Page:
Pastor Steve Baber made a case for activism, “The clothes don’t get clean unless they’re agitated,” said the leader of Skyway Methodist, accompanied by rhythmic organ chords, which swelled at key moments. 

Hard questions were posed in the prayers. Pastor Emeritus Dr. Samuel McKinney of Mount Zion Baptist Church asked, “How do we deconstruct an ideology which sets some arbitrarily on the path to prosperity and others on the path to ruin, quite unnecessarily?” And then, more to the point, “How do we prick the heart of this mayor, so that he will terminate this police chief?” a request which was met with scattered clapping, nodding and verbal affirmation from the congregation.

Police who enforce the law with honor were blessed. And prayers were offered on behalf of black youth.

"Our young mens and young womens are being harrassed for no reason,” prayed Pastor Shelby Tate. “We ask that Thou would stop that this night." 

Harassment of black youth has been ongoing for decades, said another prominent black leader, Rev. Harriett Walden, co-founder of Mothers for Police Accountability. Walden had a prior engagement the night of the prayer meeting — a birthday dinner with her son — but is a vocal advocate for police reform. Walden sent a letter on behalf of her group to the Department of Justice Jan. 14 recommending several changes to the police department's policies for dealing with complaints. Among them are to immediately flag citizen use of force complaints that indicate discrimination for review. Currently, an officer can receive 12 use of force complaints a year without incurring review, the letter says. Walden has also asked that Chief Diaz be dismissed.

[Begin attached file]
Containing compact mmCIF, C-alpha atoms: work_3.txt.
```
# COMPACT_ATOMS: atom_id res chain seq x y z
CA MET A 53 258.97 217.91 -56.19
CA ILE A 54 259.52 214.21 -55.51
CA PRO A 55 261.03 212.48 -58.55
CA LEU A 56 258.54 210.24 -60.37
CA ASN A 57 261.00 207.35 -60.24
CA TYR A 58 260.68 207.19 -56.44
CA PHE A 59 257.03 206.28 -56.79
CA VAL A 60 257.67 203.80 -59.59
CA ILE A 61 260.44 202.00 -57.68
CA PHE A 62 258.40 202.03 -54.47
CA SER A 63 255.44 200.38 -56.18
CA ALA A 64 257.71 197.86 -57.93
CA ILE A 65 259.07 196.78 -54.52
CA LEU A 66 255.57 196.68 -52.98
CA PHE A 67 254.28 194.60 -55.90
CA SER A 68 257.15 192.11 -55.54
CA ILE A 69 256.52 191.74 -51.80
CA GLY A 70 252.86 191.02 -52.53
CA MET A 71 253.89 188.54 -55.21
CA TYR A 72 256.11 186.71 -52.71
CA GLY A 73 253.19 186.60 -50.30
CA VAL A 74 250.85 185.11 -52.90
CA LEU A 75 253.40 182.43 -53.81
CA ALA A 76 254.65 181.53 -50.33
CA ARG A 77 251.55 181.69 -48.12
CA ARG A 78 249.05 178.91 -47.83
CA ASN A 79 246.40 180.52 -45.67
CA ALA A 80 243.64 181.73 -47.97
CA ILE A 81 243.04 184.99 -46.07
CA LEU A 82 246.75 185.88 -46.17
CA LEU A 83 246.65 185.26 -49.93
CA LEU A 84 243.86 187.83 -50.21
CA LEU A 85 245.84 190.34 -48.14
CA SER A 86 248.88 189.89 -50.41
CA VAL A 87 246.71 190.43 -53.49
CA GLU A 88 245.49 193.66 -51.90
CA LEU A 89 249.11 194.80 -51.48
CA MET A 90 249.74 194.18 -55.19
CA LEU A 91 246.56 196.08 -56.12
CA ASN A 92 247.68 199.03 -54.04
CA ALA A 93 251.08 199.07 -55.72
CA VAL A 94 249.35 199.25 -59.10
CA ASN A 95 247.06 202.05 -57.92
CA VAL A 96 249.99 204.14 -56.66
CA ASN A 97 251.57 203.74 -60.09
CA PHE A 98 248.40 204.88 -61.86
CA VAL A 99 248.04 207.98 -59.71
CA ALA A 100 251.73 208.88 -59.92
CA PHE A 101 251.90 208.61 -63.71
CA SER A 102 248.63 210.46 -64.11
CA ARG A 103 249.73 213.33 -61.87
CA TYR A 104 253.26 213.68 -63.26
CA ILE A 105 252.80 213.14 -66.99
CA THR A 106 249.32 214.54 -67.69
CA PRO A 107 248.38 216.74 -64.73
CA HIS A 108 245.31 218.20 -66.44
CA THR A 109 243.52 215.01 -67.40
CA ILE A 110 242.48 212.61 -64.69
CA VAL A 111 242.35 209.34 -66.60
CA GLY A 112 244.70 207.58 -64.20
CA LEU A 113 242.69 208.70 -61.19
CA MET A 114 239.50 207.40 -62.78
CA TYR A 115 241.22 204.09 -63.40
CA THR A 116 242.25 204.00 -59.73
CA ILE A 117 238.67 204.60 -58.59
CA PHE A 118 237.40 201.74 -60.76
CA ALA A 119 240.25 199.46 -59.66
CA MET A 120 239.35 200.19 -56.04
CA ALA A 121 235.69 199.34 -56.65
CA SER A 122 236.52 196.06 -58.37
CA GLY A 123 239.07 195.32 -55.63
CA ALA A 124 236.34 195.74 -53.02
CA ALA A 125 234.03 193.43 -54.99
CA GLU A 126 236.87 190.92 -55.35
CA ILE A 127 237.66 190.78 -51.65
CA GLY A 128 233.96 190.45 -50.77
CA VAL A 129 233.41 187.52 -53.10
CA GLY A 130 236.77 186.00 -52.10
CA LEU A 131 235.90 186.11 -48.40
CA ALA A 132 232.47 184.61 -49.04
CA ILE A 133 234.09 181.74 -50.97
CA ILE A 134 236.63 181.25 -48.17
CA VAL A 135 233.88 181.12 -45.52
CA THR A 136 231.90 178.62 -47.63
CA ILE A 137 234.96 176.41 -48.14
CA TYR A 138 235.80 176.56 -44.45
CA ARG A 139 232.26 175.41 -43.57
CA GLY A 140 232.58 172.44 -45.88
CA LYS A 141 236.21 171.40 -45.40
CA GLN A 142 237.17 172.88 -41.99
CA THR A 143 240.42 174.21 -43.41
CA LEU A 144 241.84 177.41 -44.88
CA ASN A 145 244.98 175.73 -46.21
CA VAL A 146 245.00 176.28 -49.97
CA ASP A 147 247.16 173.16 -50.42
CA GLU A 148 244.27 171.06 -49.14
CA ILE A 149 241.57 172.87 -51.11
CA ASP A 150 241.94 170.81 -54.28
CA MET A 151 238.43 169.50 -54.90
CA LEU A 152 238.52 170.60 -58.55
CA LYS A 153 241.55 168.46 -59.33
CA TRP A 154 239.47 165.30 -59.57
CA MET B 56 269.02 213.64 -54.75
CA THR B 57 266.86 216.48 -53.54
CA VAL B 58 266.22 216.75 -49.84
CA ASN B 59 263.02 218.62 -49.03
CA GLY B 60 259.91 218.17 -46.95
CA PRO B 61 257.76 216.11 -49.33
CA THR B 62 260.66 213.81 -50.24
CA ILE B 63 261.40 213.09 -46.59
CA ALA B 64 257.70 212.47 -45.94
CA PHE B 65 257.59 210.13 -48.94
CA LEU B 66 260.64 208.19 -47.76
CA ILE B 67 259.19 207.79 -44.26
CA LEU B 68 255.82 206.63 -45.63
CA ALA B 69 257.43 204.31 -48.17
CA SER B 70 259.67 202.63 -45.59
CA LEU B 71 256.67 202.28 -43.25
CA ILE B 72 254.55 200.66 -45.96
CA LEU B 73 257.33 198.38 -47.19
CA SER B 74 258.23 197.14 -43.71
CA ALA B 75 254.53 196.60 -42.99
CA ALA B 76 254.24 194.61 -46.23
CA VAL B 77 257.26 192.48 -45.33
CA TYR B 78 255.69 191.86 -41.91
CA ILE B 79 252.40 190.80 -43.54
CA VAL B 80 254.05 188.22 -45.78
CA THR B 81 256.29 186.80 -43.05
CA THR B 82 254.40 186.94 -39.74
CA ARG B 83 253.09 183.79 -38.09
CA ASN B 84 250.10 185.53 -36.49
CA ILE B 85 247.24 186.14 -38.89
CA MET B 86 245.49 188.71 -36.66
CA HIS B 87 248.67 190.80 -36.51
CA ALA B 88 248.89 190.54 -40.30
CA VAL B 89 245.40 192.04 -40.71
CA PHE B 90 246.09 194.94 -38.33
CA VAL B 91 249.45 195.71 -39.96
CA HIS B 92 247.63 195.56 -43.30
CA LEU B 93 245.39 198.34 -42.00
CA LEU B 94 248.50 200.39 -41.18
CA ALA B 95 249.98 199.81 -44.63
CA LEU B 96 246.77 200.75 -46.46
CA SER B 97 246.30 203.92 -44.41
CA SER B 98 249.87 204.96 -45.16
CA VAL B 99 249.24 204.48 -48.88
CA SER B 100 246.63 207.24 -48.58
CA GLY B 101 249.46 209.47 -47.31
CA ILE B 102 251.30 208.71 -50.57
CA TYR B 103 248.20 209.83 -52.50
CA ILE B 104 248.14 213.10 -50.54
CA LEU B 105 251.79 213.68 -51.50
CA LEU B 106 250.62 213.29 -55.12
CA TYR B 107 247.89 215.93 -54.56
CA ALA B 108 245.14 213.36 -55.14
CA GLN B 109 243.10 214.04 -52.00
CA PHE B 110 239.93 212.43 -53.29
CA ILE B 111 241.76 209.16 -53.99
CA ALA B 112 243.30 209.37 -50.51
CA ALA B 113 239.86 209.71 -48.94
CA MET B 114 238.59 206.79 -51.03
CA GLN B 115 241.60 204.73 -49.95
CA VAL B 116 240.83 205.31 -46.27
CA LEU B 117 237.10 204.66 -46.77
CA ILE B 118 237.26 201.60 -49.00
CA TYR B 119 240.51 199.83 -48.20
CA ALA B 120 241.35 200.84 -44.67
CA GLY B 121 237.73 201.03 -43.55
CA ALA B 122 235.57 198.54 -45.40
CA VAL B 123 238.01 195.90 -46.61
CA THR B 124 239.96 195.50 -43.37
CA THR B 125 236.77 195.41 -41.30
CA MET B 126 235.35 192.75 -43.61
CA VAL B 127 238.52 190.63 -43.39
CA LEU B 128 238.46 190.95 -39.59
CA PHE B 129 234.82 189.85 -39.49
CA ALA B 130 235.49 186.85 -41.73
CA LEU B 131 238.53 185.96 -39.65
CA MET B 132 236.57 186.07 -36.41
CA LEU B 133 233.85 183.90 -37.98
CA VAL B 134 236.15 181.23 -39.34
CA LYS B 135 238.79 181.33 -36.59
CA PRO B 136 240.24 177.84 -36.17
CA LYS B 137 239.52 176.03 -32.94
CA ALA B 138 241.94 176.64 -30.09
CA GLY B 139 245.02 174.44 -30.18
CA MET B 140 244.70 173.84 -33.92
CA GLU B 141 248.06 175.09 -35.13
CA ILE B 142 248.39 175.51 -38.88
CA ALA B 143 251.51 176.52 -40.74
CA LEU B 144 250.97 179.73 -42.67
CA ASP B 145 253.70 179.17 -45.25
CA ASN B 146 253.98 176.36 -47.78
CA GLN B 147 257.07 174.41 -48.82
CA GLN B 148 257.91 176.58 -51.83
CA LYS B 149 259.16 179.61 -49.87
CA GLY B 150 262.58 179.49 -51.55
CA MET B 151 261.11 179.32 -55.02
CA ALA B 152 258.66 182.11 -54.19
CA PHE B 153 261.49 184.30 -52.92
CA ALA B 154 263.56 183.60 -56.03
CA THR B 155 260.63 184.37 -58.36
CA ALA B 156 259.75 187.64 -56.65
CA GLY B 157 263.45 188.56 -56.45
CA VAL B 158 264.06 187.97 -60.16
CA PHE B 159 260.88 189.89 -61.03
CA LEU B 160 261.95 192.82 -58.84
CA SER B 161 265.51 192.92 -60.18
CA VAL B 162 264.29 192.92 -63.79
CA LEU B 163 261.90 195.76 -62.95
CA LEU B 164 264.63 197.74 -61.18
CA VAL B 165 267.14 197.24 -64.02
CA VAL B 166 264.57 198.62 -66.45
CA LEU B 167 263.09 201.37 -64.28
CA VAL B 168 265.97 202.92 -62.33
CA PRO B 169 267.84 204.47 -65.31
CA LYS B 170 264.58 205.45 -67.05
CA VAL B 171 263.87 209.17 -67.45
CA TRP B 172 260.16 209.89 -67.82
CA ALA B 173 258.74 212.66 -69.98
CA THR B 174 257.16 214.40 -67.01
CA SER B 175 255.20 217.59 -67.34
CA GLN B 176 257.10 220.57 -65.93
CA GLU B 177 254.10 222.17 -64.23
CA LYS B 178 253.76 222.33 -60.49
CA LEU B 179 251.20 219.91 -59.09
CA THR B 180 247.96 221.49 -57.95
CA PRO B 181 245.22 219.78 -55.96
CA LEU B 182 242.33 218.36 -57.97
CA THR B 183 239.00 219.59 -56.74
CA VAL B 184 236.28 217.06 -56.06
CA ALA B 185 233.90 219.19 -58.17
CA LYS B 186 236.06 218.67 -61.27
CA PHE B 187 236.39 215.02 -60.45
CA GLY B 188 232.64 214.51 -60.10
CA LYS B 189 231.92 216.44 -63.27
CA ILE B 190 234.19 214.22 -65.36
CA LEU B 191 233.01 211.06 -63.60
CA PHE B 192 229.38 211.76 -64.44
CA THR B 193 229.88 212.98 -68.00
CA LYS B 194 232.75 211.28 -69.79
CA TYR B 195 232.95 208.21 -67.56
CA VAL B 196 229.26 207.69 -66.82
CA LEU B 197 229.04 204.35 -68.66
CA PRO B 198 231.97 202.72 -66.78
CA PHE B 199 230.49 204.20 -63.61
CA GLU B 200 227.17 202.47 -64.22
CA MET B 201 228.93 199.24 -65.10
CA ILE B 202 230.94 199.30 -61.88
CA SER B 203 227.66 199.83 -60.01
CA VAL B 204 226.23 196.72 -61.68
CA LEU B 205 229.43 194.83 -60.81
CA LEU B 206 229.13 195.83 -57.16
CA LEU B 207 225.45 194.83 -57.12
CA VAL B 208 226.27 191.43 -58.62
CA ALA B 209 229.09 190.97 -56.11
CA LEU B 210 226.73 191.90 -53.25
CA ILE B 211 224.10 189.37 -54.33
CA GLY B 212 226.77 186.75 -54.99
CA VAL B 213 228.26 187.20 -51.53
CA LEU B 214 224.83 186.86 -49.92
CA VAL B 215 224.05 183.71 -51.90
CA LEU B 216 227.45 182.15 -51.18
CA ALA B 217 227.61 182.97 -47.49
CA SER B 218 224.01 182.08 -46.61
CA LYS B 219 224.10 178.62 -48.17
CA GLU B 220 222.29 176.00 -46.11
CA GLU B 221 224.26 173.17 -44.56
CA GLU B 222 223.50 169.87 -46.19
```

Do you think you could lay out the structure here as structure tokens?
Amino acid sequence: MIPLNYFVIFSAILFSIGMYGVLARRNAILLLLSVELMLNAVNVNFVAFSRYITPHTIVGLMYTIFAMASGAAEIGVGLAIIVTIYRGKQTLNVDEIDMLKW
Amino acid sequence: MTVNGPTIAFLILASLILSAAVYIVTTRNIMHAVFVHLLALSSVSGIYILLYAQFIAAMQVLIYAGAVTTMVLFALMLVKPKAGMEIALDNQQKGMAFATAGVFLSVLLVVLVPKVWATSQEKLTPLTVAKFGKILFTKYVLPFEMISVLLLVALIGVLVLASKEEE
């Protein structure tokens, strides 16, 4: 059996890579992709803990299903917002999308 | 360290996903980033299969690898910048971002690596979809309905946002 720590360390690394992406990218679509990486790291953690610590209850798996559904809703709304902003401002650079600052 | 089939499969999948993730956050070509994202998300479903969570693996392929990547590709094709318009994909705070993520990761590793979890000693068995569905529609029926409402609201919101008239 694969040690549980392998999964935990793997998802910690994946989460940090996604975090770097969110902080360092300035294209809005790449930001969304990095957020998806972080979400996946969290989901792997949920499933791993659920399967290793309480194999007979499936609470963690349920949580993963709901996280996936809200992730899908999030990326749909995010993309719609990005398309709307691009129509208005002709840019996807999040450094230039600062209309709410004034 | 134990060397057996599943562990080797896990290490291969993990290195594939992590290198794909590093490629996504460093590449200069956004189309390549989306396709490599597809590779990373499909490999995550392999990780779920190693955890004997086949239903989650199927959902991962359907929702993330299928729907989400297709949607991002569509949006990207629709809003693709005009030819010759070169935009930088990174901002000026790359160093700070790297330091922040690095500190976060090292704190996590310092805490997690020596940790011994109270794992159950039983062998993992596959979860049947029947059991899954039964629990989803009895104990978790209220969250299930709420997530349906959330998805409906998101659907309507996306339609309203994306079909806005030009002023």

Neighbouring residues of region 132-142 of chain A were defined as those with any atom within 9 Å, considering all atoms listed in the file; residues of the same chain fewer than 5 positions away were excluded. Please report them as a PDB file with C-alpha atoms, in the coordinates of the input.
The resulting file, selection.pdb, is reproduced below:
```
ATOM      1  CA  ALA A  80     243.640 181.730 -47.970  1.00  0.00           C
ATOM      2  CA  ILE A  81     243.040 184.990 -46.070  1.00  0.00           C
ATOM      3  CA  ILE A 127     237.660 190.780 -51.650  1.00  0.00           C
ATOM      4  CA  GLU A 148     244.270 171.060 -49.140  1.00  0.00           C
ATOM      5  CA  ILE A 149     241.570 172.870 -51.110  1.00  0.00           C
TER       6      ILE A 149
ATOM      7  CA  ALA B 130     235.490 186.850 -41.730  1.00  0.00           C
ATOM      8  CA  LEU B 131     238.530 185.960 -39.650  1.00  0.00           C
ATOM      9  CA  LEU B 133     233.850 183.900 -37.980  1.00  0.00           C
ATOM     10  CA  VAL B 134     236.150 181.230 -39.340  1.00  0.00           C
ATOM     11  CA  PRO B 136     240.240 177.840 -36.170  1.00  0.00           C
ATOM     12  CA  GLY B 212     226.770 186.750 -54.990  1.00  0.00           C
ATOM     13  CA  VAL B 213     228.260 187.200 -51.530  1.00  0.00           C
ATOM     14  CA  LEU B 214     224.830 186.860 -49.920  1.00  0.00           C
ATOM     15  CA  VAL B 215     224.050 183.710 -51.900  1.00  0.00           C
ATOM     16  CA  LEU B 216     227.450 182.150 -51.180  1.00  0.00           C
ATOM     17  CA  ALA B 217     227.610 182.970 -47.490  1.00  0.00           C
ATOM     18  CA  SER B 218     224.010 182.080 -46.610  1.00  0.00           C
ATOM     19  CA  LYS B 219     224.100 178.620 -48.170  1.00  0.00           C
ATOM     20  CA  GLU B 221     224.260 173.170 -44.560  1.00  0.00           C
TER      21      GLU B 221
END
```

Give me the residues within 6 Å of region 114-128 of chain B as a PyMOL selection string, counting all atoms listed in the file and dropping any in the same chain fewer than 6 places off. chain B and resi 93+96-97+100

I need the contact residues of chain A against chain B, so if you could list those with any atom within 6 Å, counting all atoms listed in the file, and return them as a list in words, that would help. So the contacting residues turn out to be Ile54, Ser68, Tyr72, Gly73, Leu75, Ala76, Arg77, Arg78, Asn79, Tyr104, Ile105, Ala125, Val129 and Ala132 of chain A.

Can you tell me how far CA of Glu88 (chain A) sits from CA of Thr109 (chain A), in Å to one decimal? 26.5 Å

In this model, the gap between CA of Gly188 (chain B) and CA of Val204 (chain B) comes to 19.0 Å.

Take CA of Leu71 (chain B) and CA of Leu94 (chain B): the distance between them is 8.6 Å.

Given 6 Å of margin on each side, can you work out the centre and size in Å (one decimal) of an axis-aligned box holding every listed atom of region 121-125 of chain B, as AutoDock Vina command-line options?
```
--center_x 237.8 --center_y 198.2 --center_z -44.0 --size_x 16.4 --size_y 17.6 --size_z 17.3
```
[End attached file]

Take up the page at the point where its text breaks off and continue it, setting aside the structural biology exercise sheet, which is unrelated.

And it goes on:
"My ministry is social justice," Walden said. She has worked, ever since police took her son into custody 22 years ago after pulling him over for nothing more than "driving while black," Walden has reportedly said. She was a co-signor of the 2010 letter from the ACLU requesting the investigation into the police department's practices and policies. 

The subsequent report speaks to the fears of young minorities who have felt harassed, describing police confusion over what constitutes lawful detention. “SPD must ensure that its officers understand that, unless they have a sufficient factual basis to detain someone, a person is free to walk away from police and free to disregard a police request to come or stay," the report says. " ... inappropriate pedestrian encounters may disproportionately involve youth of color,” it says, adding that evidence was "not conclusive."